Society fosters childish behavior
In many ways, I am proud to be part of this generation. We are generally a good group of people. We are entrepreneurial, yet devoted to public and community service. We generally strike a healthy balance between narcissism (see Facebook and Twitter) and altruism (see Teach for America and AmeriCorps).
Sometimes, though, I am ashamed of us.
No actions embarrassed our generation more than the wanton displays of violence that occurred in the United States and Great Britain this past summer. I am referring specifically to the so-called “flash mobs” in the United States and the riots in London. In the United States, specifically Philadelphia, flash mobs have been erupting in which gangs, mostly teenagers, begin to riot for no apparent motive. Organizing on social media sites, they set specific times and locations to attack pedestrians and loot stores. In London, hordes of young people literally shut the city down by beating pedestrians, plundering stores and setting fire to large swaths of the city. In both cities, members of our generation were the culprits.
There are some who argue that this violence happened because the political class ignored young people’s economic, educational and personal needs. Young people, they argue, have been left behind during the economic downturn, and this violence is a natural outcome.
In the Huffington Post, Boyce Watkins of Syracuse University justifies the flash mobs in Philadelphia by arguing: “when you combine a hot summer with [high black teenage unemployment rates], teenagers are going to find their own ways to use that free time.”
In other words: Since I couldn’t find a job this summer, I decided to become a hoodlum.
In a televised debate between two British parliamentarians, Harriet Harman, a Labour Party member of Parliament, claimed that the underlying reason for the riots was the budget cuts of the conservative government. She said, “[t]here is a sense that young people feel they are not being listened to. That is not to justify violence. But when you’ve got the trebling of tuition fees, they should think again about that. When you’ve got the [Education Maintenance Allowance] being taken away, when you’ve got jobs being cut and youth unemployment rising and they are shutting the job centre in Camberwell — well you should think again about that.”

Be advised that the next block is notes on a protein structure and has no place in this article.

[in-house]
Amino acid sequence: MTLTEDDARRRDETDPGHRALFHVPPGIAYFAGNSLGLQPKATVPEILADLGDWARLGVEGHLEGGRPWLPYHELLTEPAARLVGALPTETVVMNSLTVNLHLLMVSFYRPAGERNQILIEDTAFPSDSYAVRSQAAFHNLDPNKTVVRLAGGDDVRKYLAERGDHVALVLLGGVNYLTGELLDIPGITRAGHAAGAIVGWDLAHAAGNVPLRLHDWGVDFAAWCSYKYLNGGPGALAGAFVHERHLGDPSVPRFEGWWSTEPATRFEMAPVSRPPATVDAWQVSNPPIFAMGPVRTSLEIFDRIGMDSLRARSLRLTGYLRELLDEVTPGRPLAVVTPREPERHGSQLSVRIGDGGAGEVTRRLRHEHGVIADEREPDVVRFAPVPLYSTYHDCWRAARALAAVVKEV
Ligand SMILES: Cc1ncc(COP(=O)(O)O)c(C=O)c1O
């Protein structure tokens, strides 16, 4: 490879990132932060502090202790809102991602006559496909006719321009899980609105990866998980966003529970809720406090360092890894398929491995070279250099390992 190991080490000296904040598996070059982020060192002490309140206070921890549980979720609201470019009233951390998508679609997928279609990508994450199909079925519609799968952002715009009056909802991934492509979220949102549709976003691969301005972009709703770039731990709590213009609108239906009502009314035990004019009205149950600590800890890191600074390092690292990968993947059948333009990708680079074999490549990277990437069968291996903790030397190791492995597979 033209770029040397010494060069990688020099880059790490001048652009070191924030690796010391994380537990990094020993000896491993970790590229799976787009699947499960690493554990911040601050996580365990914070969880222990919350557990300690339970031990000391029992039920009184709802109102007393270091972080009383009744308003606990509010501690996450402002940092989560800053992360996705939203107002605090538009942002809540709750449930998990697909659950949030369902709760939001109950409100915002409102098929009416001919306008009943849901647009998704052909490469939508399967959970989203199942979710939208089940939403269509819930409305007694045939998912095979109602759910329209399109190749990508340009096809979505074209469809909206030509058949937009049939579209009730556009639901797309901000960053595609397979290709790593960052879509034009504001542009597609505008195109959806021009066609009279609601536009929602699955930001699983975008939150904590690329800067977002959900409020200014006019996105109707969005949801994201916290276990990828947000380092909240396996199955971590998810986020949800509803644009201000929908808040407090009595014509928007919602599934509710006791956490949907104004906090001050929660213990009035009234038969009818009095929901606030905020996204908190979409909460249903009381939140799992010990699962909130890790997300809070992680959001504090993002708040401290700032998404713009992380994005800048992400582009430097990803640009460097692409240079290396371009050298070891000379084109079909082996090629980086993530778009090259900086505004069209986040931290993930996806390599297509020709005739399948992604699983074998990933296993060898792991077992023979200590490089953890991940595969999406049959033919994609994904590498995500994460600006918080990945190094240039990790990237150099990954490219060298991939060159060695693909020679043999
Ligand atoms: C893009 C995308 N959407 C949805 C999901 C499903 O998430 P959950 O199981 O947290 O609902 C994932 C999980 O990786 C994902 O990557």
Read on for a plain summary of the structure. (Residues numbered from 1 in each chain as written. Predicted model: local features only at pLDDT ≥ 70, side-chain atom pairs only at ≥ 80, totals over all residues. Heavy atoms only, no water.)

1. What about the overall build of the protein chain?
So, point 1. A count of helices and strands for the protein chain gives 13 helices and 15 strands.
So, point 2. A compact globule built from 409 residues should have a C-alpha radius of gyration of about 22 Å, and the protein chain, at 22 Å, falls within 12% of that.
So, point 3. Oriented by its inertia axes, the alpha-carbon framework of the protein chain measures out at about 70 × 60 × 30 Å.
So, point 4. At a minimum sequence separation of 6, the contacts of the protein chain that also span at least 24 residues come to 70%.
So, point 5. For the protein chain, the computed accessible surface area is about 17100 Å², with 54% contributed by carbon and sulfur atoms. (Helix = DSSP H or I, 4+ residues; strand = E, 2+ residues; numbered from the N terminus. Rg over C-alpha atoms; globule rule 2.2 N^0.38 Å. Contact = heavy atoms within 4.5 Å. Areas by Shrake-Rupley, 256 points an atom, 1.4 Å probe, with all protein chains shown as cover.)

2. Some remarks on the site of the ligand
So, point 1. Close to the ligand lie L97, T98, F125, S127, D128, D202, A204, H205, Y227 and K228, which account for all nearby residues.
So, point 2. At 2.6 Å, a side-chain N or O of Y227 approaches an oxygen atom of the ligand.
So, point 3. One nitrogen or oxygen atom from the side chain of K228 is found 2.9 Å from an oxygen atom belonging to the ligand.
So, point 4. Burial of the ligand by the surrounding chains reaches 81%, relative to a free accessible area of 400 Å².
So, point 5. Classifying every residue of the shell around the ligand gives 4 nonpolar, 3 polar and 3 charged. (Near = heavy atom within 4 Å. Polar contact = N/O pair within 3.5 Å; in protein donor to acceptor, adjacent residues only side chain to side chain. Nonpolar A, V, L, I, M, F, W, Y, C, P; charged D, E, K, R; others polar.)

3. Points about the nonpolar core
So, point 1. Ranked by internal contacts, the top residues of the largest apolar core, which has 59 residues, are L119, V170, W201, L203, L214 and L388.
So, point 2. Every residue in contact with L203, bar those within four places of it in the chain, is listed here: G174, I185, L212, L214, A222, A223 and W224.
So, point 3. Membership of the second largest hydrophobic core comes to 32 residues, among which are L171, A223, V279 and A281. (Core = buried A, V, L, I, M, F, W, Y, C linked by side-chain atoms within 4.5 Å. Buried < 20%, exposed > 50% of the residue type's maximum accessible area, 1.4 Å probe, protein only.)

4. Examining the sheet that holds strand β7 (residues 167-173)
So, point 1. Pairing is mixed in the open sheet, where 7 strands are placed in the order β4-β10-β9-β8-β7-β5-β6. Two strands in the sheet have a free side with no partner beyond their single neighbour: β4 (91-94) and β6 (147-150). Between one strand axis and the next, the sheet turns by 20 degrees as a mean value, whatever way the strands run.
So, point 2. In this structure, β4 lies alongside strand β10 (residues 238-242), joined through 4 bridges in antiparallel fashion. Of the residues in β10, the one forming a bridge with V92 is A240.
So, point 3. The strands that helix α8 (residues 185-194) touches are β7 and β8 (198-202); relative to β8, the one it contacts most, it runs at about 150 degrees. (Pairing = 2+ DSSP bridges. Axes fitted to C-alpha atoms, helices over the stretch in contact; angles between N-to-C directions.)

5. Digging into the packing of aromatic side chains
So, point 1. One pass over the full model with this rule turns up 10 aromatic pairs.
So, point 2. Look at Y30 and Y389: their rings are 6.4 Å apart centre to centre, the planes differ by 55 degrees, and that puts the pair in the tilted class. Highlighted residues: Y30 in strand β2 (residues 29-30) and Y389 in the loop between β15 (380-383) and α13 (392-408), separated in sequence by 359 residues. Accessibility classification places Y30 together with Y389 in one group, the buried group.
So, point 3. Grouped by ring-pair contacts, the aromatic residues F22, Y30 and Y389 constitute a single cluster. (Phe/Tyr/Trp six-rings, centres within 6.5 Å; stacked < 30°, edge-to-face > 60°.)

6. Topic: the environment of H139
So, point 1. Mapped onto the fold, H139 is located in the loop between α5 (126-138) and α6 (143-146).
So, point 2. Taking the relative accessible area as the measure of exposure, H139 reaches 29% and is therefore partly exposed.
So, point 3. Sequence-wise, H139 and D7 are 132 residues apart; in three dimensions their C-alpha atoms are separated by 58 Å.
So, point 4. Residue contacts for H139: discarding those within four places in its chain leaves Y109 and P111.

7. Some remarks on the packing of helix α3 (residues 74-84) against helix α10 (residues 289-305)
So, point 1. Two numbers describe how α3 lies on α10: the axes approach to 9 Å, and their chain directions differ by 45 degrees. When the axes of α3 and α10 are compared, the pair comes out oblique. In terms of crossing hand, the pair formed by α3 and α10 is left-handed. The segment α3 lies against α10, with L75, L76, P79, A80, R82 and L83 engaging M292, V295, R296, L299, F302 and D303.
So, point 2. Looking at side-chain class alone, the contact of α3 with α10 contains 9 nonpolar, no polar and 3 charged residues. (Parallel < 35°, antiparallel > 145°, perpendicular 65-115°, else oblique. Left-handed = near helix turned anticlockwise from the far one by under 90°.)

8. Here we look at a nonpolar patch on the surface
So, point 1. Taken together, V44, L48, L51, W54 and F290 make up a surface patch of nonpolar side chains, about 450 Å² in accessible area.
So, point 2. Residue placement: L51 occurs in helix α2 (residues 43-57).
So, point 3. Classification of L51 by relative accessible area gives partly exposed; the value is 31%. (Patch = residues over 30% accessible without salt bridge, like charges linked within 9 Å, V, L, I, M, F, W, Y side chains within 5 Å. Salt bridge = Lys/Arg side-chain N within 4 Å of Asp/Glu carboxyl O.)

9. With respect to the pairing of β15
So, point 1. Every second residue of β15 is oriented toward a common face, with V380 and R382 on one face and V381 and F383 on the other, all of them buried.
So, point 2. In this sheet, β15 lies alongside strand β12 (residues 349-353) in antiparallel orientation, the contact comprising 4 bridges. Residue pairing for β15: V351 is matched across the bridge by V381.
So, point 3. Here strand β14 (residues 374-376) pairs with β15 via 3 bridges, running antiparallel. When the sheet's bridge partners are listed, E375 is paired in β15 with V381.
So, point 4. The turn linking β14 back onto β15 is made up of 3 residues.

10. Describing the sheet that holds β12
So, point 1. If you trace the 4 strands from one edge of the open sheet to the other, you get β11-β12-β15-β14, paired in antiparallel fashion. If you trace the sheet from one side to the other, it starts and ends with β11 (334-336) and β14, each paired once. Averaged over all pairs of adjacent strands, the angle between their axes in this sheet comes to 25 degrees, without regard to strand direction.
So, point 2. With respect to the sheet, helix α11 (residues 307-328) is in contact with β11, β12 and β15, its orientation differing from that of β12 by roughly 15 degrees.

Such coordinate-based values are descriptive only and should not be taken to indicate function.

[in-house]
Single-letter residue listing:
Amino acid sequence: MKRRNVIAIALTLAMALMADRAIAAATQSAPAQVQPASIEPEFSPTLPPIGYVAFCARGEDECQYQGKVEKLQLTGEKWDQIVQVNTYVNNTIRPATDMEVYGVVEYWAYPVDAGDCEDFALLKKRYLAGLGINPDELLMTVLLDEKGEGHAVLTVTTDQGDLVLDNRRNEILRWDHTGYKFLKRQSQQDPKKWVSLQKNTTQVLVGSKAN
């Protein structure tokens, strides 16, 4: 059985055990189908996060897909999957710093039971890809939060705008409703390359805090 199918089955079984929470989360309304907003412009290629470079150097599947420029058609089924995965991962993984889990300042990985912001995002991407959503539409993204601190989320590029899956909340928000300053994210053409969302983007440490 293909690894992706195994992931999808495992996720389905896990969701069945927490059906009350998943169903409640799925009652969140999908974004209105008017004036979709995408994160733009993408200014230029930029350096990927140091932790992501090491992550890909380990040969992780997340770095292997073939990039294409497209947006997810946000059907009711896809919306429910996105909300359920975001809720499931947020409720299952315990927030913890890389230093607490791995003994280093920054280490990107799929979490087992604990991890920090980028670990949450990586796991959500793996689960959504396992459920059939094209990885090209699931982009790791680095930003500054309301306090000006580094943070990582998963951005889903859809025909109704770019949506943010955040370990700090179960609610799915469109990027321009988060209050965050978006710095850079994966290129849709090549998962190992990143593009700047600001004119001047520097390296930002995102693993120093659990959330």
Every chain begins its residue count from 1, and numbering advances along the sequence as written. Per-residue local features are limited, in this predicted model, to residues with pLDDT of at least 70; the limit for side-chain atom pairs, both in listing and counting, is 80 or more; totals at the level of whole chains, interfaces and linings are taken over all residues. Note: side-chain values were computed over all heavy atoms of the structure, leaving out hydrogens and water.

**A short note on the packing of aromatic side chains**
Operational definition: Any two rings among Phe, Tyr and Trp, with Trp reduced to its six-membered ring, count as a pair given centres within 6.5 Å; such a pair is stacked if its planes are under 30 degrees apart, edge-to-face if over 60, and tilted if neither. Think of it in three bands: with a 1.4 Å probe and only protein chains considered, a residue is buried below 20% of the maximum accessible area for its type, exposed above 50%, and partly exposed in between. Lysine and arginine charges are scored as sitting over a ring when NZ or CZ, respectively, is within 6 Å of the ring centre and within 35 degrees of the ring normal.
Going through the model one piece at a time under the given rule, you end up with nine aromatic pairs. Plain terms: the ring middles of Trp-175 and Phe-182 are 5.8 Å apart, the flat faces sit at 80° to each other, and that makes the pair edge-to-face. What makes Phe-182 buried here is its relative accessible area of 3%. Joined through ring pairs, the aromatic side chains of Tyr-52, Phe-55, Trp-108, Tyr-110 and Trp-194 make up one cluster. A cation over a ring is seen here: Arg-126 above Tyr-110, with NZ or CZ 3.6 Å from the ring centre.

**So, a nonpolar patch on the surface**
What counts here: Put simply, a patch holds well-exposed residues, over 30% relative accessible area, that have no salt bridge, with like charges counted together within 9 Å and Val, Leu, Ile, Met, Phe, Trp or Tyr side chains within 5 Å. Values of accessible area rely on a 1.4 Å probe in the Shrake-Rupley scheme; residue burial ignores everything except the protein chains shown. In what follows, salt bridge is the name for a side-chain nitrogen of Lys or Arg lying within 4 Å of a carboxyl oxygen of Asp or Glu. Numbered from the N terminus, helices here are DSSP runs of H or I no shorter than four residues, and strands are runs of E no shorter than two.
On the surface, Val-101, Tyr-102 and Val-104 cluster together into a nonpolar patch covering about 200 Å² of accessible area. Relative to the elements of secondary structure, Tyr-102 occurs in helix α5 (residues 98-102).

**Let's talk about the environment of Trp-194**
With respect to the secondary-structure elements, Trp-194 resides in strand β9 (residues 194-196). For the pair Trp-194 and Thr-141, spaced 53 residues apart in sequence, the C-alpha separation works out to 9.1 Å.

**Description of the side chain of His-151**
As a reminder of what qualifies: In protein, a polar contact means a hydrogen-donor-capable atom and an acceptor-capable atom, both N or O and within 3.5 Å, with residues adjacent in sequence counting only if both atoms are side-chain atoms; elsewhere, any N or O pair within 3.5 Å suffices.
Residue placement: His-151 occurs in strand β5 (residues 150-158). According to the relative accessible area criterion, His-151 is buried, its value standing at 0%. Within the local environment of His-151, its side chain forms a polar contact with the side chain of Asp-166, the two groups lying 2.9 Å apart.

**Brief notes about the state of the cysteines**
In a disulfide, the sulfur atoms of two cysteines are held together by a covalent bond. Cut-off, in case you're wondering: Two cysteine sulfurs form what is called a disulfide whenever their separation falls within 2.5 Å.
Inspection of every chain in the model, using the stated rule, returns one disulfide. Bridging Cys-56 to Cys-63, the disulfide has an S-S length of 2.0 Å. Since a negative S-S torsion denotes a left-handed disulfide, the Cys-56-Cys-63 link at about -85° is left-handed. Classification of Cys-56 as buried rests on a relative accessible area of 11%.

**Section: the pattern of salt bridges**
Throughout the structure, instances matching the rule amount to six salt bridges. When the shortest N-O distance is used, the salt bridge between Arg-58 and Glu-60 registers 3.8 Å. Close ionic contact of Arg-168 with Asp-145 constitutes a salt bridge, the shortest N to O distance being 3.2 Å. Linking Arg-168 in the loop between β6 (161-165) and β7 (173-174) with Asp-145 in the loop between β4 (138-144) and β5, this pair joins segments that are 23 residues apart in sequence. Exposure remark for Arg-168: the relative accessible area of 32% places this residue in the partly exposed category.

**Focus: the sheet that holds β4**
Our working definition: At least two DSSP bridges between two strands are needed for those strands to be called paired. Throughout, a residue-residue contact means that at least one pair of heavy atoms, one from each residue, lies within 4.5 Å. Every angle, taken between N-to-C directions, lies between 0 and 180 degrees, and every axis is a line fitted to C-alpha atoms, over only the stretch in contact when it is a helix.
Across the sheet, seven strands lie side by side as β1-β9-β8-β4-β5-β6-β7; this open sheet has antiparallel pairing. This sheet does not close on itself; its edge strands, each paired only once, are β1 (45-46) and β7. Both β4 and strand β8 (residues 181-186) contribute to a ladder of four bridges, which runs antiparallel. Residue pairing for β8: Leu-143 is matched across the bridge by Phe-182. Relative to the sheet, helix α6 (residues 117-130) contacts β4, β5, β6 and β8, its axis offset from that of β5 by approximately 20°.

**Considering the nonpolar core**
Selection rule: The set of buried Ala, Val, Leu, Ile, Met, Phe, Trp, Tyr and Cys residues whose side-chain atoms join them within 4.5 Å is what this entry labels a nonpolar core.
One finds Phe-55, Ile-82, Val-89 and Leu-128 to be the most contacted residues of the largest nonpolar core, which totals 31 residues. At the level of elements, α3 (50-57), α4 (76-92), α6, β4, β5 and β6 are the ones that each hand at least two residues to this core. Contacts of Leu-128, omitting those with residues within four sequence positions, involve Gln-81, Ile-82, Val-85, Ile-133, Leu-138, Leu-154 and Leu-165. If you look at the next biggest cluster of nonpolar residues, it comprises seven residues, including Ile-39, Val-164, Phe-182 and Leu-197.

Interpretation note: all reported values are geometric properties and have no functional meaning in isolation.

In other words: I’m not normally one to set a car on fire, but my Education Maintenance Allowance was cut.
Invariably, the people who make these kinds of arguments call upon government to give more, to do more. The irony, of course, is that the U.S. and British governments played a major part in causing the social unrest.
In both countries, it’s possible for a citizen to have a government health care plan, government subsidized housing, free education up through college, free breakfast and lunches up through high school and food stamps to provide free food thereafter.
Our social policy has turned otherwise functioning adults into children who expect the government to play the role of a parent their entire lives. Instead of paying for their own health insurance or working at a job that provides one, people expect the government to pay for it — like a child who expects his parents to take him to the doctor. Instead of saving their own money to pay for groceries, the government offers food stamps and free school meals — like a child who waits for his parents to cook his food. Instead of paying for college or taking out loans, people have come to expect the government to subsidize their education — like a child whose parents read to him before bedtime. These policies, when considered individually, may have laudable goals, but together, they create a society where citizens expect to be provided with everything they need to reach and sustain adulthood. As a result, they have turned us into children.
And what do children do? Well, sometimes they have temper tantrums. Often, it’s because they didn’t get something they wanted, but other times, it’s for no reason other than a lot of children are brats.
Which brings me back to the flash mobs and riots. Whether those specific criminals received said welfare benefits is not particularly germane. The young people who were running wild this past summer in the streets of Philadelphia and London have grown up in a society that expects little of them. There was once a time when youths were expected to contribute to the world, whether it was as an apprentice, a paperboy or whatever else it was. Nowadays, why would young people behave like adults when adults don’t behave like adults?
To be sure, the vast majority of young people in the United States and Great Britain are good people who didn’t participate in these collective temper tantrums. But I think pointing that out misses the point — when you treat people like children, you should expect them to act like children.
Noah Glyn is a School of Arts and Sciences senior majoring in economics and history. His column, “Irreconcilable Differences,” runs on alternate Tuesdays.
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